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Most of us have experienced a bad interview, and we all know that it can feel devastating, especially if you really wanted the job.
However, just because the interview didn’t go as planned, it’s possible that you won’t automatically be ruled out as a potential candidate. If you’ve got an excellent resume, it can save you from a bad interview.
There are some steps you can take before and after the interview to help increase the likelihood that you still might be able to land the job.
Photo by Helloquence on Unsplash
Do Your Homework Before the Interview:
If you haven’t done your homework and you don’t know anything about the company where you are interviewing, then you shouldn’t be on the interview. You should do extensive research on the company and the interviewer(s) before the interview. This information is not limited to public companies, there is a wealth of information on LinkedIn and similar sites. You should also try to find out some inside information regarding the company culture and what it’s like to work there.
Your resume Can Save You
Action Words: Action words and keywords are still a very important part of the process. With millions of resumes on the Internet, recruiters and hiring managers do not have time to read everything. They are drawn to specific words (and the words differ depending on the job). Many recruiters and hiring companies use resume scanning technology to identify resumes that are the best fit. Add the keywords that will draw interest in
“There will be plenty of times you find gigs that you’d be a home run hire for, only to get radio silence from the employer. – Richard Moy”
Emphasize numbers: Rather than letting your resume be a list of responsibilities you had at previous jobs, turn it into a celebration of your successes. “Raised profits by 20 percent in one year.” “Oversaw 12 employees on my team.” “Increased productivity by replacing a task that took 1 hour each day with one that took 1 minute.” Wouldn’t you want to hire this person? I pose this as “numbers” rather than “accomplishments” because I think that you want to offer something as concrete as possible. It doesn’t have to be a number, but if you’ve got them, use them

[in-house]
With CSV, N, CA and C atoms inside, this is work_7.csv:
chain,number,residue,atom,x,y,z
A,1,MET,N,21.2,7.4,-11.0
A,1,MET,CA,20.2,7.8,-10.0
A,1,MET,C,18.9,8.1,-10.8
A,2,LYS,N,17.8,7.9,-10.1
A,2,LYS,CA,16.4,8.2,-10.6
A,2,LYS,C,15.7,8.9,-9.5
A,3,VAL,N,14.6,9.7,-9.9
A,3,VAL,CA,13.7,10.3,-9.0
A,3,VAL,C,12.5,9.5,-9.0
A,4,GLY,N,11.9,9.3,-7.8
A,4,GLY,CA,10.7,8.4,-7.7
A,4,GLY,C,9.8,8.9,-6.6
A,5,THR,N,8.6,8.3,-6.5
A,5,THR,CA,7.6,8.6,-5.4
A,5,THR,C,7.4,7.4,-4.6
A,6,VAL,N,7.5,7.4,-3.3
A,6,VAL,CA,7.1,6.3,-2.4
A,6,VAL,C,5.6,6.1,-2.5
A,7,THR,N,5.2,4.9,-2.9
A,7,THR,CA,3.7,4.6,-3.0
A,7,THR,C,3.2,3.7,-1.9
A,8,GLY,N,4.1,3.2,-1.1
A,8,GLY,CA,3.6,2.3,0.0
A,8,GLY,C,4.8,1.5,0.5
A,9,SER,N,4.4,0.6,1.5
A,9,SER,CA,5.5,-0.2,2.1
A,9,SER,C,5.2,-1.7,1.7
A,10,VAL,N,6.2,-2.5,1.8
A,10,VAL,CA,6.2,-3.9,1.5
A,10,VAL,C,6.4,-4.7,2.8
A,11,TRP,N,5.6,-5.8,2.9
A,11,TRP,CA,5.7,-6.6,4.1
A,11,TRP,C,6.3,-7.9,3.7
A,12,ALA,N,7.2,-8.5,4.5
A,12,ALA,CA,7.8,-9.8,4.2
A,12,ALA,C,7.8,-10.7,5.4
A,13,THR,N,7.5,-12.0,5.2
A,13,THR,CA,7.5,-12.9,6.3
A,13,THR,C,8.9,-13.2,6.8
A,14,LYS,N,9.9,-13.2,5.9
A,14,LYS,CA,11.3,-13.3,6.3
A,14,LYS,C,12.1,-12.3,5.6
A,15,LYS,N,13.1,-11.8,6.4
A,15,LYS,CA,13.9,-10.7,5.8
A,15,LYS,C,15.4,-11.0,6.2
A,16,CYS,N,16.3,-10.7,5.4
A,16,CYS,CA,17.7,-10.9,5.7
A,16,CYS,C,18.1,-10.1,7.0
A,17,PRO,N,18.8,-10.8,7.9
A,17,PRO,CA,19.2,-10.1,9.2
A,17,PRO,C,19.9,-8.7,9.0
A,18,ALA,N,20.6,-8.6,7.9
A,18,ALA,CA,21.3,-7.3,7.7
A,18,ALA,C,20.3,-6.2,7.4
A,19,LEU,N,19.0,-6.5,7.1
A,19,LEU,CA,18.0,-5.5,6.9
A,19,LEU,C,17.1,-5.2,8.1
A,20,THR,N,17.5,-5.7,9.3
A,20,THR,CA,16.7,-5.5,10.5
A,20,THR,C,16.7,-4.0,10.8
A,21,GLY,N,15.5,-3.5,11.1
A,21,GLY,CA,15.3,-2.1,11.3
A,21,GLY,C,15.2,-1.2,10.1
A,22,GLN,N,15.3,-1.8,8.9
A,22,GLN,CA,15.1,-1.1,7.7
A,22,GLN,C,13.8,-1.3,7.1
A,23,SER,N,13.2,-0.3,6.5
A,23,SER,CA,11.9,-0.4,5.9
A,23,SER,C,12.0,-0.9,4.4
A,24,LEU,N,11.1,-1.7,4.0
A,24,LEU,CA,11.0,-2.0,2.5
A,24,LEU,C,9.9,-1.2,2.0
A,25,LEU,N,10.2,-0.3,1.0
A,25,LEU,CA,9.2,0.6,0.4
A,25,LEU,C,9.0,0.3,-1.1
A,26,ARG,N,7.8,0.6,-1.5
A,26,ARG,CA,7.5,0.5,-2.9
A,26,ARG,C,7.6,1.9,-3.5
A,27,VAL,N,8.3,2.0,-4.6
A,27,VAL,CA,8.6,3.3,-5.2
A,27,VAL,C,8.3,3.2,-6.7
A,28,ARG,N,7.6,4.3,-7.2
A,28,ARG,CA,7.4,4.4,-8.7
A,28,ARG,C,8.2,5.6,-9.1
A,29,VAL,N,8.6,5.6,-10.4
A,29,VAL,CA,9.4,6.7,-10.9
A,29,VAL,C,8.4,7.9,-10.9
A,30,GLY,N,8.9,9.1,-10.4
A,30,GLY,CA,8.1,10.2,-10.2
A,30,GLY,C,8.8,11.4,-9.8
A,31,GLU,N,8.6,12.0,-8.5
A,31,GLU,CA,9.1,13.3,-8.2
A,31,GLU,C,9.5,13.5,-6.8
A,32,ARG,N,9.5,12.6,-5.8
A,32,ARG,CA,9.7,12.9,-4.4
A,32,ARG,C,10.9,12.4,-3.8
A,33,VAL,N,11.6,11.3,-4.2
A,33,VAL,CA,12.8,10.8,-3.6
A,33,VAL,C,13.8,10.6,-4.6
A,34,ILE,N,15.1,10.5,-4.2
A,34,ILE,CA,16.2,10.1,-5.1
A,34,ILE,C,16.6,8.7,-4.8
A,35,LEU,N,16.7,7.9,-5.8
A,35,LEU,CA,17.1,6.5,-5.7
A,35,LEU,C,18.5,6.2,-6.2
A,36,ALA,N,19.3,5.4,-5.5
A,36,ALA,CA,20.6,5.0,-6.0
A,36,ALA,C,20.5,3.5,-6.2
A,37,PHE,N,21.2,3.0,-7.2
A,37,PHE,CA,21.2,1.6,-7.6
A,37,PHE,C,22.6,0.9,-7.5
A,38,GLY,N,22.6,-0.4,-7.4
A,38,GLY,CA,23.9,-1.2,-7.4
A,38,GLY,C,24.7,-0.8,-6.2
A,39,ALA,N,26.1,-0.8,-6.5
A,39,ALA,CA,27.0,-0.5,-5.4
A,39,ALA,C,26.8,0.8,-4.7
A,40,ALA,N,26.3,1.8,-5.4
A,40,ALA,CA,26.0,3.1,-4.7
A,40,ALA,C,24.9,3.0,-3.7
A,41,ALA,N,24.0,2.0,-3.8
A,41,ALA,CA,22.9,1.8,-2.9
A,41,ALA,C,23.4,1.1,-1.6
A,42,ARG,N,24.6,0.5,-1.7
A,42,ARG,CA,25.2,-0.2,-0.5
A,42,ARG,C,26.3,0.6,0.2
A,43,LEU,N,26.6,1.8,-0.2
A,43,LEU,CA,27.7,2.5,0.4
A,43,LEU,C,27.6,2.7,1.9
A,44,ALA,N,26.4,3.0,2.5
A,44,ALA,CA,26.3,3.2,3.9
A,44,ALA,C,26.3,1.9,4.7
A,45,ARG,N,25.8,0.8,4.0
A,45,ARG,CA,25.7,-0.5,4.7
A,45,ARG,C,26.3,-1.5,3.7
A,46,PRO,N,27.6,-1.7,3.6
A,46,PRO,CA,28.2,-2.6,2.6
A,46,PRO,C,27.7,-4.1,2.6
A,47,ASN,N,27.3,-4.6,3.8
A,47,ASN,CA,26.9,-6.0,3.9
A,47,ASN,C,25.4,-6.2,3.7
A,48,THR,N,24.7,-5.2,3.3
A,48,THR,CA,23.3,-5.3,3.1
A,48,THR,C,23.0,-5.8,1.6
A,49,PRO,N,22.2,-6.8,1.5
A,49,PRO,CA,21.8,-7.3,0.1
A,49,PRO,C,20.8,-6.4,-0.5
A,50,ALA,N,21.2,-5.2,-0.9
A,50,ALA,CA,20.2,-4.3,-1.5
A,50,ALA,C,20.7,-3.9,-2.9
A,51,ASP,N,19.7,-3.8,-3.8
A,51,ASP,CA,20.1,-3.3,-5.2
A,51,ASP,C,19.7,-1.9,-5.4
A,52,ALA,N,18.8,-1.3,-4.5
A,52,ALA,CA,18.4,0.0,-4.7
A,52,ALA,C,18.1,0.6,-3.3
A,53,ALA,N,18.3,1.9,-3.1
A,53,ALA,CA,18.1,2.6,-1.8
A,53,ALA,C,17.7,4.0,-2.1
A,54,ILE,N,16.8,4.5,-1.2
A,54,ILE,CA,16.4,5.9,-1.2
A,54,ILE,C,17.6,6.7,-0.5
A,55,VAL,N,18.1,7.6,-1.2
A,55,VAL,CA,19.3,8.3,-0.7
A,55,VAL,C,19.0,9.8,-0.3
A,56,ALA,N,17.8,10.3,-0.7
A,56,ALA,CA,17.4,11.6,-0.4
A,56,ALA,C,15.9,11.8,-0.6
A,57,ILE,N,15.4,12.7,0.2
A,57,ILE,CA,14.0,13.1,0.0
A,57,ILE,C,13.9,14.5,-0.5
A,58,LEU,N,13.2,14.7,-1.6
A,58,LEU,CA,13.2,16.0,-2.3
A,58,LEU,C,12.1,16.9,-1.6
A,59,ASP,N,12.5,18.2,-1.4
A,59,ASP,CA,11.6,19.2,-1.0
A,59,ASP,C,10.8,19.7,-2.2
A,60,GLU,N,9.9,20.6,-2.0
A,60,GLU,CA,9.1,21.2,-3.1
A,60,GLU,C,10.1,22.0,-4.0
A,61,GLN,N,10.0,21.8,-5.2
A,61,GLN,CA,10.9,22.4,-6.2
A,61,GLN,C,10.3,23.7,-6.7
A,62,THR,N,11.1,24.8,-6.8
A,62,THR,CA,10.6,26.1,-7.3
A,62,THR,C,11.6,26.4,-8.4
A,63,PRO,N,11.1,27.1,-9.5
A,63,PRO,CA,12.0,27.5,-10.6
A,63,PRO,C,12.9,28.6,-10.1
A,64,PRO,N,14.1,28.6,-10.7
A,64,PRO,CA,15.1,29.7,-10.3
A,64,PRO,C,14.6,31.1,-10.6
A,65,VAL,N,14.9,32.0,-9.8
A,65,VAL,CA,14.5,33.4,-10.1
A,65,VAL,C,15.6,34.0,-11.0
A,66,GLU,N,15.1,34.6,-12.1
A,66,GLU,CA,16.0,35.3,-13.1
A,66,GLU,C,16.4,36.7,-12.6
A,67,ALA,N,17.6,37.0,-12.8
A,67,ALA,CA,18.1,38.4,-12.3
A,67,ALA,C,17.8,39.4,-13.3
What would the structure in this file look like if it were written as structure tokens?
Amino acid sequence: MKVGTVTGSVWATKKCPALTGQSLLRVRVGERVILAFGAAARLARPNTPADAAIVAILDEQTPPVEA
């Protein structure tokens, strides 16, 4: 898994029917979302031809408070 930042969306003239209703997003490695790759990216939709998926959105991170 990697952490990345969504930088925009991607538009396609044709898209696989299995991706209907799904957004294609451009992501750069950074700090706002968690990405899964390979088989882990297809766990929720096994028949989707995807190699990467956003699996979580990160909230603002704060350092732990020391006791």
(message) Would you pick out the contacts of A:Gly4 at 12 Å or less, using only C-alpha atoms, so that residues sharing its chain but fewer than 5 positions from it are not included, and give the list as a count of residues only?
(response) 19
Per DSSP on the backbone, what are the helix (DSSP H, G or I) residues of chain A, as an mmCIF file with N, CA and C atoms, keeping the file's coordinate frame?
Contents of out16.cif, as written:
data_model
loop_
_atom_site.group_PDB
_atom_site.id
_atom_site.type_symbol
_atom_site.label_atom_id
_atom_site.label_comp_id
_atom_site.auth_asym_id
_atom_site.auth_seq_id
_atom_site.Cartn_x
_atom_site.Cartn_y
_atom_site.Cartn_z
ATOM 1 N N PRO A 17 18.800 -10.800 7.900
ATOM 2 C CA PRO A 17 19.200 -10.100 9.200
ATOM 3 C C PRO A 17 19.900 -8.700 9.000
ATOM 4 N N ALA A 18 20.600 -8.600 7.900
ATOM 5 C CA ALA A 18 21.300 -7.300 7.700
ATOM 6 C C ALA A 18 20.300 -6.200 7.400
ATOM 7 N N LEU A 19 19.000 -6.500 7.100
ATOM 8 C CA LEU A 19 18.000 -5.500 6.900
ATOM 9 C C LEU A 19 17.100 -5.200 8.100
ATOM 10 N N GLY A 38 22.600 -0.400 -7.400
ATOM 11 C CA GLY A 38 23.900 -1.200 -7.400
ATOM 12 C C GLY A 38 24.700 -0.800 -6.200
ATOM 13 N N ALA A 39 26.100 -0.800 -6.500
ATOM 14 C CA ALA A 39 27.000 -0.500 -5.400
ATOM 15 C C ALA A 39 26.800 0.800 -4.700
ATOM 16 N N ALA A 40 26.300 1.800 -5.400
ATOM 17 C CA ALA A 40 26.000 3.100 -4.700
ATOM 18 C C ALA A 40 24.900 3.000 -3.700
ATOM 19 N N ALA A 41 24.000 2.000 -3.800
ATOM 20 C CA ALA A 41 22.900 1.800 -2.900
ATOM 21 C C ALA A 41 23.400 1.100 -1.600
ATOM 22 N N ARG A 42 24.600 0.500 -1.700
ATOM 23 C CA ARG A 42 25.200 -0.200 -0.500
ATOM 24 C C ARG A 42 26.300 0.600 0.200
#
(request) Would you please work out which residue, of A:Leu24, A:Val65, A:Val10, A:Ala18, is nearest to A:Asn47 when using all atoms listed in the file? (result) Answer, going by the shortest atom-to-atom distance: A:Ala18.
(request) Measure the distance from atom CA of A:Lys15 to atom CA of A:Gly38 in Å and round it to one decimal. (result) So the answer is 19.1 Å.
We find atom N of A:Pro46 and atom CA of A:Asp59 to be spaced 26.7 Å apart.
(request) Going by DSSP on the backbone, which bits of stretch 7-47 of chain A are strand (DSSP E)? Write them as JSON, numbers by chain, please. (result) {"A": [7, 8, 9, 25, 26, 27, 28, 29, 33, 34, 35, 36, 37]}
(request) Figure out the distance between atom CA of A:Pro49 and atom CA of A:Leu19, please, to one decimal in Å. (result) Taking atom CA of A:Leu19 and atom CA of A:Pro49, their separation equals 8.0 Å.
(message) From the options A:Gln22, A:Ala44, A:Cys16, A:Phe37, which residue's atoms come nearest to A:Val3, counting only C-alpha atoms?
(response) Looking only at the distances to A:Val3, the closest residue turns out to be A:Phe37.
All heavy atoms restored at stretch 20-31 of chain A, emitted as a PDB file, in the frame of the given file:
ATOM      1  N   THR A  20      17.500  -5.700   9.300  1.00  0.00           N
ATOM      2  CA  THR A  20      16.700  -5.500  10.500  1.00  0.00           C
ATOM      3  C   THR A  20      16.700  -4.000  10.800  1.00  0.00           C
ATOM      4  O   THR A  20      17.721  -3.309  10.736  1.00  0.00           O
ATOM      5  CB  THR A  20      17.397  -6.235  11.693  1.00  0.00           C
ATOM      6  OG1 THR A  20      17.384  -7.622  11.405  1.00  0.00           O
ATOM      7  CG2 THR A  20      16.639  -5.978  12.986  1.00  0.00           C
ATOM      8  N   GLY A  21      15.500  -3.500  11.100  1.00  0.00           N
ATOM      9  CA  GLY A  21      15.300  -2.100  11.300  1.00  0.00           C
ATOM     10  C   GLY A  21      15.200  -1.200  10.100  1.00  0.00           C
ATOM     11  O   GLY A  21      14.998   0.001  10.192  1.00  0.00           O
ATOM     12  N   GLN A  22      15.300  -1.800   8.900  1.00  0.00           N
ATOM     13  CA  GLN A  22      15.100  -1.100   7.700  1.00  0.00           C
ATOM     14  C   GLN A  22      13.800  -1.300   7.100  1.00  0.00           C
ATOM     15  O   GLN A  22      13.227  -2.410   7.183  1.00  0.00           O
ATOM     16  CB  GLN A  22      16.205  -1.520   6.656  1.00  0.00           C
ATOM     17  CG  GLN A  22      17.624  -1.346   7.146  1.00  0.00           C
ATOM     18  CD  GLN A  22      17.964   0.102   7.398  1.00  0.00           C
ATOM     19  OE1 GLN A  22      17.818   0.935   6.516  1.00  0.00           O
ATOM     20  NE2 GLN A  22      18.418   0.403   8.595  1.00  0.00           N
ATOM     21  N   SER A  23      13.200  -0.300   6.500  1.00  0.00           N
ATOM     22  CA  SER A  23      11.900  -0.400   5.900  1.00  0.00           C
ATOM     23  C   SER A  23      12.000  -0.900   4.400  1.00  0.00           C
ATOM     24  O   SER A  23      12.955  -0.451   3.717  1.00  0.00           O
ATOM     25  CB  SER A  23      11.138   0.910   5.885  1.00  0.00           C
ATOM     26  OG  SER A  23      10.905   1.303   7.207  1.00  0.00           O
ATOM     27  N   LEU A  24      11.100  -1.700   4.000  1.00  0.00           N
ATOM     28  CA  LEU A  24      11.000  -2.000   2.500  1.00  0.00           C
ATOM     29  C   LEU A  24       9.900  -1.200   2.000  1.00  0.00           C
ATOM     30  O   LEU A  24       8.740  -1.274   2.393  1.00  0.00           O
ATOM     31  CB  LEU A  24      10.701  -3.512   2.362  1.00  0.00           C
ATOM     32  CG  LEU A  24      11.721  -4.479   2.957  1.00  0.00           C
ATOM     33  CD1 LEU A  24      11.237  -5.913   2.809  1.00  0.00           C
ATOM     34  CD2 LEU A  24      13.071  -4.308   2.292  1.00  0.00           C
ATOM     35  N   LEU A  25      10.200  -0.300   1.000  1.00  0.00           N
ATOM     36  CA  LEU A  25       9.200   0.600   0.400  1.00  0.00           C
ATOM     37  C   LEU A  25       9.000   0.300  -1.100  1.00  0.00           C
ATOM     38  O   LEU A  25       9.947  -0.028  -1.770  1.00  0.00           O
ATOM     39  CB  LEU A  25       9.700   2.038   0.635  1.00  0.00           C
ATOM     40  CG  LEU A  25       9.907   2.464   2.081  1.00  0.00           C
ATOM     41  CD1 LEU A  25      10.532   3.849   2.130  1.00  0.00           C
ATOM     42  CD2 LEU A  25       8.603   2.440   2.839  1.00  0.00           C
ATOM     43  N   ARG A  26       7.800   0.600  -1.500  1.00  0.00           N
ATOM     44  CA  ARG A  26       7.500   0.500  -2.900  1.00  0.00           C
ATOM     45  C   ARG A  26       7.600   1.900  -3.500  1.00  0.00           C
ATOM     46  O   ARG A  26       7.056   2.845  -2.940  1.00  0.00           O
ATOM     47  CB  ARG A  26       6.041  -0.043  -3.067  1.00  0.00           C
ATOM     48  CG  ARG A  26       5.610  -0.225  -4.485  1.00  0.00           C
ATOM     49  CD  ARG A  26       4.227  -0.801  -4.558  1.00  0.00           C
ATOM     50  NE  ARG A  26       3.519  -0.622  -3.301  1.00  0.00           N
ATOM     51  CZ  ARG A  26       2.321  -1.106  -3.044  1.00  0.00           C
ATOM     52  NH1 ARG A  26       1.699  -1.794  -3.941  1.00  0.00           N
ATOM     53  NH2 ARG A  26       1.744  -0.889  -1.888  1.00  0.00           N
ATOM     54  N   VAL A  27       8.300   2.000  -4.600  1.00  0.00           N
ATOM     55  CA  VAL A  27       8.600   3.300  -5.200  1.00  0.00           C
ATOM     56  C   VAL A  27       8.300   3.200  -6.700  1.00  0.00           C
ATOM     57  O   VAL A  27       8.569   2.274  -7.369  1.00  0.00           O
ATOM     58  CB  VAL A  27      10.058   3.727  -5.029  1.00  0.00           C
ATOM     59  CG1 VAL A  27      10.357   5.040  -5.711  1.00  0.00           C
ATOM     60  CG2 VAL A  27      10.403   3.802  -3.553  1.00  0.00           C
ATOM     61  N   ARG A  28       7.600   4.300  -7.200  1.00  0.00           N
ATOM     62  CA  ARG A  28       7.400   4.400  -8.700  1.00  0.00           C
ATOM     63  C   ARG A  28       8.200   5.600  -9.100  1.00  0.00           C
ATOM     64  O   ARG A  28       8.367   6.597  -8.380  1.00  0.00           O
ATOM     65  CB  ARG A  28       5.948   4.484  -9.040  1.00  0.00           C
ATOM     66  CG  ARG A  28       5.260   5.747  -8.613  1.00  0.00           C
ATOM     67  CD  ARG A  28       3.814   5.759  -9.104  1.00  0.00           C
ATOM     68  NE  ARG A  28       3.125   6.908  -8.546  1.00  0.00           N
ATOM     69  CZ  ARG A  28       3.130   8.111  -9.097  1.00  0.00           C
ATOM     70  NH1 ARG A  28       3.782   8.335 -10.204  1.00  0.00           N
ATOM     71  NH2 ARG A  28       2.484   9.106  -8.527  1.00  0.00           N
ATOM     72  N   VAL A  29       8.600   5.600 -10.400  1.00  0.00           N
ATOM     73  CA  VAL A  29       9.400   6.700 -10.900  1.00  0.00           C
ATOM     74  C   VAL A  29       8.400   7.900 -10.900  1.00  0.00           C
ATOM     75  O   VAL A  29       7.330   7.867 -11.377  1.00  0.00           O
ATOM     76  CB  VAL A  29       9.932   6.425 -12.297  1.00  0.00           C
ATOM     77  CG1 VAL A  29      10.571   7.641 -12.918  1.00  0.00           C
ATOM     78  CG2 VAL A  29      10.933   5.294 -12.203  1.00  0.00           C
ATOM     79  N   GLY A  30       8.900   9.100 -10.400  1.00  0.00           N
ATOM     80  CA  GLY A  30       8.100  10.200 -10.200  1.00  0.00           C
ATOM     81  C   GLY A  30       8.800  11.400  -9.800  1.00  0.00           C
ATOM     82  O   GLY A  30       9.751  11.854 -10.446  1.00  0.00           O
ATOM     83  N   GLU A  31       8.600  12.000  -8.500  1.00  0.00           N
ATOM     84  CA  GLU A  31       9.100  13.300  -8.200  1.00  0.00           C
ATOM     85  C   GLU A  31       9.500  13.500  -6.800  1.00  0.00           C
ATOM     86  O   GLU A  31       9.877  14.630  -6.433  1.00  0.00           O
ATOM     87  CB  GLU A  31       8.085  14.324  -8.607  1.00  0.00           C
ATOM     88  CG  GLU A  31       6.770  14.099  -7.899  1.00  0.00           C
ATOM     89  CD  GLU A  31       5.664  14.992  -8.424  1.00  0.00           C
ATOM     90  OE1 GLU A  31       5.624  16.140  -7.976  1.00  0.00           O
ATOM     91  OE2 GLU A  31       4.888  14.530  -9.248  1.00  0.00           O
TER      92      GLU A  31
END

Reasons Your Interview Went Wrong
Know Your Background Information: There have been many times when a job seeker was caught unprepared with a long application to fill out at the interview location. Come equipped with all the information you could possibly need concerning employment history, your previous addresses, dates of military service, etc.
Communication is a Two-Way Street: While the hiring manager will ask the questions, they expect a dialogue with the candidate. Concentrate on truly communicating with the interviewer. It starts off with a handshake and a friendly greeting. There have been cases of the interviewee barely saying a word and other cases of the interviewee dominating the conversation. Slow down, relax, and be yourself.
Follow Up After a Bad interview
You should always follow up after an interview. If the interview went well, a quick thank you note can suffice.
However, if the interview went poorly, you may want to take further steps. For example, if you think you left out something that you wanted to discuss in the interview, a quick note explaining it can be appropriate.
If you think the interview went poorly because of something else going on in your life, such as a recent death in the family, send a quick note explaining the situation.
Prepare for Your Next Interview
If you don’t get the job, the most important thing is to use it as a learning experience for your next interview.
Also, review your resume before going into an interview. Keep the information from
The key to job success starts with a great resume. If an interview goes poorly, a well-written resume can keep you in the running for the job.
Take a look at The Interview Master Deck on Kickstarter which aims to support jobseekers and career changers in their first interview phase. Especially in the post-pandemic world.